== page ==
09:05 Fish dumping ban "biggest change to fisheries management in 100 years"

Fishing boat

Fishing boat Photo: supplied

Fisheries scientist says the Government's move to ban commercial fishing skippers throwing unwanted catch overboard is is the biggest change to fisheries management in 100 years. The Minister for Oceans and Fisheries David Parker, has announced law changes requiring commercial skippers to bring their total catch back to port. Cameras will be put on 300 vessels over four years to enforce the new rules, at a cost of $68 million. The changes follow a damning report in 2016 by Mike Heron QC, which confirmed widespread fish dumping as a practice in the industry, and flawed prosecution procedures by the Ministry for Primary Industries. David Parker and fisheries researcher Dr Glenn Simmons discuss developments with Kathryn.

09:20  Data company brings "intelligent eye" to managing dairy herd health 

A Dunedin data company has brought high-tech analytics to the dairy farm in an effort to help farmers detect lameness in cows. Powered by artificial intelligence software, Iris Data Science's cameras collect tens of thousands of data points from cows leaving the milking shed each day, and use them to monitor the health of each cow. The company has adapted the technology it used when creating the world’s first sheep facial recognition system - this time to help with the early detection of lameness. And it's not just an animal welfare issue - lameness can cost the dairy industry up to $500 million a year, and individual farms between $50,000 and $100,000 a year. Kathryn speaks with Iris Data Science's co-founder and managing director Greg Peyroux, who's at Fieldays launching OmniEye Locomotion.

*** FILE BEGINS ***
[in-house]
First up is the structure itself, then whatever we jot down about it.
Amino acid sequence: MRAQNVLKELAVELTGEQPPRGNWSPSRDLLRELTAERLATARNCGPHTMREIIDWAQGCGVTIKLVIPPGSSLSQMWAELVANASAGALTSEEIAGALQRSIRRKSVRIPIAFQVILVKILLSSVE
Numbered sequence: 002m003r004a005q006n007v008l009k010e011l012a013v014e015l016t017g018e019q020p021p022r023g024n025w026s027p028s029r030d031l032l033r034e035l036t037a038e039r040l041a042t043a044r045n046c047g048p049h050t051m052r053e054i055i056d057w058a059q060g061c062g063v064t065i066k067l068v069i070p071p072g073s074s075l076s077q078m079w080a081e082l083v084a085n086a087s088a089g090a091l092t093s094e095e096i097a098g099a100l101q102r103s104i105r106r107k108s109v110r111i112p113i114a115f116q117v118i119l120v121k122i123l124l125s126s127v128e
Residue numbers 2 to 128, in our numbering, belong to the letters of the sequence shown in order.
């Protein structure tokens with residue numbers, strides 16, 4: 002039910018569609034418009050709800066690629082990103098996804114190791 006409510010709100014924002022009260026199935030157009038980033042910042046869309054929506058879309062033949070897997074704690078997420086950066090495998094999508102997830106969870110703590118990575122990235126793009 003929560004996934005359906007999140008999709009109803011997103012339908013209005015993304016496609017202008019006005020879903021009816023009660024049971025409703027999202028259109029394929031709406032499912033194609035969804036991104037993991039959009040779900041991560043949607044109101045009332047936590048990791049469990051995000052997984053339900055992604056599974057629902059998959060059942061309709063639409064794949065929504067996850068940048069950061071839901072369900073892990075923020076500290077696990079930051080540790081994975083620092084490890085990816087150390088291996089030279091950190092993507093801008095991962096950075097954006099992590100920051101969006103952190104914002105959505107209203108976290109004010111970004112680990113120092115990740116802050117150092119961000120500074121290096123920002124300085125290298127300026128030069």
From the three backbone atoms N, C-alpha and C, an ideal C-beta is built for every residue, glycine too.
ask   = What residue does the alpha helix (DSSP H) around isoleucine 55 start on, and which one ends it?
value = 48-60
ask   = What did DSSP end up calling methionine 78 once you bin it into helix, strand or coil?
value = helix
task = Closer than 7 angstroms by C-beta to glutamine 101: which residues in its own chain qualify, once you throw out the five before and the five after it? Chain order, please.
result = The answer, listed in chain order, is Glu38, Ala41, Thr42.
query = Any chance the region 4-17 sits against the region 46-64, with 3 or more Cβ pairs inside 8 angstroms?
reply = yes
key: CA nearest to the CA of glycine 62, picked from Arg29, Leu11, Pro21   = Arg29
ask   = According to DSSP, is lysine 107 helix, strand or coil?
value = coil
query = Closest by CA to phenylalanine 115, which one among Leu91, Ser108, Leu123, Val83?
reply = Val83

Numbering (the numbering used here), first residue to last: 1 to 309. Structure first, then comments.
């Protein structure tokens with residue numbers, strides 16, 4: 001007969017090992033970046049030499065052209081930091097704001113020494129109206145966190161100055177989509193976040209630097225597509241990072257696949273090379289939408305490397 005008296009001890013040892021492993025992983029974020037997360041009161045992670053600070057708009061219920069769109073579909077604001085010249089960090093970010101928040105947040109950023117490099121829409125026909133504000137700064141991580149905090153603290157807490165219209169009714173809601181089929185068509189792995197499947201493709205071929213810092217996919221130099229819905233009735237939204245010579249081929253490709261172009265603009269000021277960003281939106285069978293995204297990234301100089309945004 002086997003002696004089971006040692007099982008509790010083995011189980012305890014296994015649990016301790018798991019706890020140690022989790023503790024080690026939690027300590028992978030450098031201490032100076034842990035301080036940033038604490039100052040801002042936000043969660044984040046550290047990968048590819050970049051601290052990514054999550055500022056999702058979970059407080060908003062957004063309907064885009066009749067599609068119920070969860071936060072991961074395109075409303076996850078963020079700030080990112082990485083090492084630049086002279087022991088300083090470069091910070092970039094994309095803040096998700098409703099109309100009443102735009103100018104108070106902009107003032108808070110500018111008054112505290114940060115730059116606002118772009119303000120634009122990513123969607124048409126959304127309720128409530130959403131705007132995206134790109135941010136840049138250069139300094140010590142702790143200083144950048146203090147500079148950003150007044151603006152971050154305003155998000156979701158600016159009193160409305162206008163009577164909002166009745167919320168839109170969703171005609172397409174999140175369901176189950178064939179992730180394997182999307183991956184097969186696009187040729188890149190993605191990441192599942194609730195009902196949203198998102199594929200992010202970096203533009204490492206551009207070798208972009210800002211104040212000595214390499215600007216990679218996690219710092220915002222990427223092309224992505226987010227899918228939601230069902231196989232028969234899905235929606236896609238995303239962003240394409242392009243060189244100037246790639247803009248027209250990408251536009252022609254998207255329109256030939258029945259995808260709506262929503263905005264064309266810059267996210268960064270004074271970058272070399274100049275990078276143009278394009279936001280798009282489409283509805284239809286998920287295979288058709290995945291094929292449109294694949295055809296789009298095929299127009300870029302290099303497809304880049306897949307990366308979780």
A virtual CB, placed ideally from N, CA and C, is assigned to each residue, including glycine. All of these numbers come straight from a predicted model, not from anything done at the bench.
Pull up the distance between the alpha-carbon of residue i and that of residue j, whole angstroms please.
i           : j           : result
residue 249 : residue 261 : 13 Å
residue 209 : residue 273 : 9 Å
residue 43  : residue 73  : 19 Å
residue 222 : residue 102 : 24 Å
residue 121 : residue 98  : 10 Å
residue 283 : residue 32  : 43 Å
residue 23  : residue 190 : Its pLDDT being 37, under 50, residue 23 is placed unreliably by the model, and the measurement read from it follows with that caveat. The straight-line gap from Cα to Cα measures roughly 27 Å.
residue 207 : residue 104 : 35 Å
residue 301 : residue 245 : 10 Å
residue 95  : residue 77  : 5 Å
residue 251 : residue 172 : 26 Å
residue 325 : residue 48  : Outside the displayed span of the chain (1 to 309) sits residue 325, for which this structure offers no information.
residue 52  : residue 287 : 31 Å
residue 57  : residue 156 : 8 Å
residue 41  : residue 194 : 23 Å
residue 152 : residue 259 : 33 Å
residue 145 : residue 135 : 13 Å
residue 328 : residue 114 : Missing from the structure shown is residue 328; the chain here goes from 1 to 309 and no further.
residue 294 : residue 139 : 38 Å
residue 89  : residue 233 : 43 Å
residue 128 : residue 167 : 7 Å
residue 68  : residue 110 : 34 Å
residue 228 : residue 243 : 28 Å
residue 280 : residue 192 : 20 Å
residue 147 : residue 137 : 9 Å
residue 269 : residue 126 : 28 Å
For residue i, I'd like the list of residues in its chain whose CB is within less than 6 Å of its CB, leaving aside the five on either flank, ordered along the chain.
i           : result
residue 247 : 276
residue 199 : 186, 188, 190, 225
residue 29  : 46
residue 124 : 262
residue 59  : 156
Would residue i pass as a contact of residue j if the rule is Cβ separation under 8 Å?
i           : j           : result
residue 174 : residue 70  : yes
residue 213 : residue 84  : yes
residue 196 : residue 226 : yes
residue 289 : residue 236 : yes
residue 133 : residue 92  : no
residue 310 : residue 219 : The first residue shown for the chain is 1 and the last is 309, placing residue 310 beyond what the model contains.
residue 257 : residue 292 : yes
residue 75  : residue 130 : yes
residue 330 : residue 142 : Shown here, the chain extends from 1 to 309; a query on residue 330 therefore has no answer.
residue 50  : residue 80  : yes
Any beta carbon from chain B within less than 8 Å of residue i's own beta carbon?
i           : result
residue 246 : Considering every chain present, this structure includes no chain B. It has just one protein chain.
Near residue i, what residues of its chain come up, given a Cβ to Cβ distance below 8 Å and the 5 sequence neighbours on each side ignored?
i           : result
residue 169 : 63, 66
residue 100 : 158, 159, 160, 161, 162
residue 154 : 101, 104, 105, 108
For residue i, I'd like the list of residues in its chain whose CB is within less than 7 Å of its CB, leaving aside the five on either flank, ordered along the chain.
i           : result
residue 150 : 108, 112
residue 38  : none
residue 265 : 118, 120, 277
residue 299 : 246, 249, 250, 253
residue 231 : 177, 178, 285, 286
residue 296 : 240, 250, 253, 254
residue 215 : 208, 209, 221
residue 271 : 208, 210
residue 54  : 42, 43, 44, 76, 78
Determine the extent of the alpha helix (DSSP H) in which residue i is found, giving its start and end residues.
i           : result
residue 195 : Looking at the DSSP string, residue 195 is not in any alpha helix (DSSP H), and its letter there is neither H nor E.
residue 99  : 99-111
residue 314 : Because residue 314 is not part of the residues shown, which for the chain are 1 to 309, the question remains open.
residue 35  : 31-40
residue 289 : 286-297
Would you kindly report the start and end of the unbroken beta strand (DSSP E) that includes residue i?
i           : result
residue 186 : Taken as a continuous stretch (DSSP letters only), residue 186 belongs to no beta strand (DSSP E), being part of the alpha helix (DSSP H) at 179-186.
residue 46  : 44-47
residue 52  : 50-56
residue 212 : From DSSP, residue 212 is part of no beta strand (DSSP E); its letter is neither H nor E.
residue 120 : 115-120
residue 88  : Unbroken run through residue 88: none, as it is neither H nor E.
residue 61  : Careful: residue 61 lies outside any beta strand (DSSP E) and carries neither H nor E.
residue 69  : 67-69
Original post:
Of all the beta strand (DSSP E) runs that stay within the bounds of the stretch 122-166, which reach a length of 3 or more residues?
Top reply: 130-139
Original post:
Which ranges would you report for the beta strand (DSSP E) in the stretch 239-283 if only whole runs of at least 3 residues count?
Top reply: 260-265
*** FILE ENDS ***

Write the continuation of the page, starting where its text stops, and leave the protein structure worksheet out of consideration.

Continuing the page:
Dairy cows in a milking facility in New Zealand.

Photo: 123rf

09:45 Pacific correspondent Moera Tuilaepa-Taylor


.. Photo: Fiji govt

A worrying rise of Covid cases in Fiji, the Polynesian Panthers mark 50 years of activism and the Tenth US Circuit Court of Appeals has reversed a lower court's decision that "persons born in American Samoa are citizens of the United States by virtue of the Citizenship Clause of the Fourteenth Amendment.

10:05 Tara Mulvany: addicted to long trips

Tara Mulvany is the first woman to circumnavigate New Zealand's three main islands by sea kayak.  She has also ticked off the first ever circumnavigation by sea kayak of the high Arctic Svalbard archipelago, clocking up 40 polar bear encounters over 2,200kms of paddling in 71 days. Tara admits to being addicted to long trips.  Her latest long expedition was a two and a half month walk from Nelson Lakes to Fiordland. Tara is appearing at the Mountain Film Festival in Wanaka on June 27th and in Queenstown on July 3rd.

10:35 Book review: Temporary by Hilary Leichter

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Photo: Faber

Briar Lawry from Unity Books reviews Temporary by Hilary Leichter, published by Faber

10:45 The Reading

11:05 Music: Grant Smithies 

Fluid post-punk guitars, hefty basslines, deadpan spoken vocals with a surrealist edge: South London’s Dry Cleaning is the best band Grant Smithies has heard in ages. We’ll hear two tracks from their debut album today, alongside gems from mystery Aotearoa psych band The Fuzzy Robes and Jamaican dub poet Linton Kwesi Johnson.

Album covers 18/6/21

Photo: Album covers

11:30 Sports commentator Sam Ackerman

Ajaz Patel celebrates taking the wicket of Joe Root with Tom Latham (left) and wicketkeeper Tom Blundell.


The Black Caps have another chance at a world championship, Sam talks to Kathryn about the team make up, their approach and his concerns. Also Team NZ potentially taking the America's Cup overseas and Eion Edgar's legacy in sport.

11:45 The week that was

Comedians Pinky Agnew and Michele A'Court bring a few laughs